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Crime News Peacock

Jerry Summers, Best Friend Of ‘Dr. Death’ Who Became One Of His Victims, Opened Up About ‘Horrific Experience’

Jerry Summers, who grew up with Christopher Duntsch in Tennessee, was left a quadriplegic after agreeing to let "Dr. Death" operate on his neck.

By Jill Sederstrom

Jerry Summers believed so fully in his best friend and neurosurgeon Dr. Christopher Duntsch that he was willing to put his neck on the line—literally.

Summers agreed to let Duntsch, who would later earn the ominous nickname “Dr. Death” for the staggering number of botched surgical procedures he performed, operate on a neck injury he had sustained from an earlier car accident.

Summers believed the surgery would be simple procedure, likely landing him in the hospital for several days before he returned to Duntsch’s Dallas home to recuperate under his friend’s care.

But the surgery went horribly wrong and left Summers a quadriplegic for the rest of his life. It was one of 33 mangled operations Duntsch performed between 2012 and 2013. Two of his patients died.

Jerry Summers Peacock

Summers died earlier this year from an infection associated with his condition, according to local station WATN-TV,  but not before sharing his story in the new four-part Peacock docuseries “Dr. Death: The Undoctored Story.”

“Before my surgery, I didn’t know any bad outcomes that he had,” Summers said of Duntsch.

According to Summers, he first met Duntsch in junior high school in Tennessee when they both played football together and remembered him being a “real smart” and “hard-working guy.”

As an undergraduate in college, Duntsch even lived with Summers and Summers’ grandmother.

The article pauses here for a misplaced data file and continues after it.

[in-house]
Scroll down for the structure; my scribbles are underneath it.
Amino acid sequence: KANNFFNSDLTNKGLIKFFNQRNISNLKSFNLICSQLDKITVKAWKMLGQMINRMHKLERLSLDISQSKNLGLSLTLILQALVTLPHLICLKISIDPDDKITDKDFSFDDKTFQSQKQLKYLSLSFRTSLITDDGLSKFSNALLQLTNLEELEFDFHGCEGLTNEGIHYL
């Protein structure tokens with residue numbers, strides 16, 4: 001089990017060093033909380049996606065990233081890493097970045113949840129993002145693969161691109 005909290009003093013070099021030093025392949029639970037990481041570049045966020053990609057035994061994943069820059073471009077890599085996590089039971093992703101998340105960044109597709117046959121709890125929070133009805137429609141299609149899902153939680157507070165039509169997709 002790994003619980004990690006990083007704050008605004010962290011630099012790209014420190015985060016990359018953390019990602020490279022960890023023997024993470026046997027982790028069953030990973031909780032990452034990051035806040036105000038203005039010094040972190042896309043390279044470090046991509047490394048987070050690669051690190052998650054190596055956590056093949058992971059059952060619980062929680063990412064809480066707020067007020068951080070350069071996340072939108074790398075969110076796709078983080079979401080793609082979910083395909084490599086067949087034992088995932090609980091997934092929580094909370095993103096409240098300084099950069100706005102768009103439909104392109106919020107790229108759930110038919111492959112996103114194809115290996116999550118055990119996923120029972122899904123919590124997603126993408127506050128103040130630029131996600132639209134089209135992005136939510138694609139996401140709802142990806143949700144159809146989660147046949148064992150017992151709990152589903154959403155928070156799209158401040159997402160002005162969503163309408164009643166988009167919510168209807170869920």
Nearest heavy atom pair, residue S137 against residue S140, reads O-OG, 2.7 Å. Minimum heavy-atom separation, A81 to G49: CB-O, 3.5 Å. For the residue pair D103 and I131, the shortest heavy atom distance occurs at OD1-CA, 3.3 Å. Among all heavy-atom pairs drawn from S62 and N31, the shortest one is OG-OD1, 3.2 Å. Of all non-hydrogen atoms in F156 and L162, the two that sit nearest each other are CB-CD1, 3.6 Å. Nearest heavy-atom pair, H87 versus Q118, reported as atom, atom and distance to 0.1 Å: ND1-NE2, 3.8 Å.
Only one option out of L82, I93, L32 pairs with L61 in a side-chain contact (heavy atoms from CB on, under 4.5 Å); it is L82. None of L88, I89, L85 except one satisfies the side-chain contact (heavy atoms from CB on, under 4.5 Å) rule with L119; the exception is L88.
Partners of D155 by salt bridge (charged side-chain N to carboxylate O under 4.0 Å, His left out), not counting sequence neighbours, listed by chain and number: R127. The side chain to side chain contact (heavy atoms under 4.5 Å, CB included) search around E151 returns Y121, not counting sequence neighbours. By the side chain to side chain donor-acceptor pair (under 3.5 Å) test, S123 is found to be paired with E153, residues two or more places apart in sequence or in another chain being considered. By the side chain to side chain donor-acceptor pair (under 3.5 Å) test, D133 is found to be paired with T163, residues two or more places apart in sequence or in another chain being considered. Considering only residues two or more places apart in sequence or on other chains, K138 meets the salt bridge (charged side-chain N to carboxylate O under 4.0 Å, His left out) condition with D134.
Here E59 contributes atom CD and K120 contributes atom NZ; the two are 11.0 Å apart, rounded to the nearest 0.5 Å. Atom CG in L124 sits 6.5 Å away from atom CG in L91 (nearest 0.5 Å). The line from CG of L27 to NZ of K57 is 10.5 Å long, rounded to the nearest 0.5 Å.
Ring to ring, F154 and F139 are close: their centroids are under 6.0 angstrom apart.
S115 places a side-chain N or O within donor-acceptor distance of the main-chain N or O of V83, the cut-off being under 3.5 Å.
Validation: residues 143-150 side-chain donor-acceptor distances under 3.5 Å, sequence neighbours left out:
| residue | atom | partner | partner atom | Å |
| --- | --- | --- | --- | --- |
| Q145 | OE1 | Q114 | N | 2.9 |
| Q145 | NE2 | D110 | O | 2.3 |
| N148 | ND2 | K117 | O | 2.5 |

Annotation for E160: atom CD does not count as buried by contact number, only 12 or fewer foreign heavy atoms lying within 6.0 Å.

“He came home, saying that he was going to be a doctor and it did not surprise me in the least bit,” Summers recalled of Duntsch’s early ambition. “Chris really believed he was probably gonna cure cancer and save the world.”

But even in those early years, Summers said Duntsch wasn’t just solely focused on his intellectual pursuits. Summers said the pair also regularly dabbled in drugs— with Duntsch’s drug of choice being cocaine—and made weekly trips to the strip club.

“Chris was very intrigued with a lot of the stuff that went on in my life,” Summers said.

Duntsch and Summers became close and when Duntsch accepted his first neurosurgery position in Dallas, he invited Summers to move there with him to help him establish his practice.

“I thought it sounded fun,” Summers said.

Summers also agreed to go under Duntsch’s knife to fix a neck injury.

“I thought that it was a pretty routine surgery. If he did anybody’s right, that he’d do mine right,” Summers said of his best friend.

According to Dr. Randall Kirby, one of the physicians leading the charge to strip Duntsch of his medical license, Duntsch was supposed to remove some diseased discs from his friend’s spine but the surgery went drastically wrong.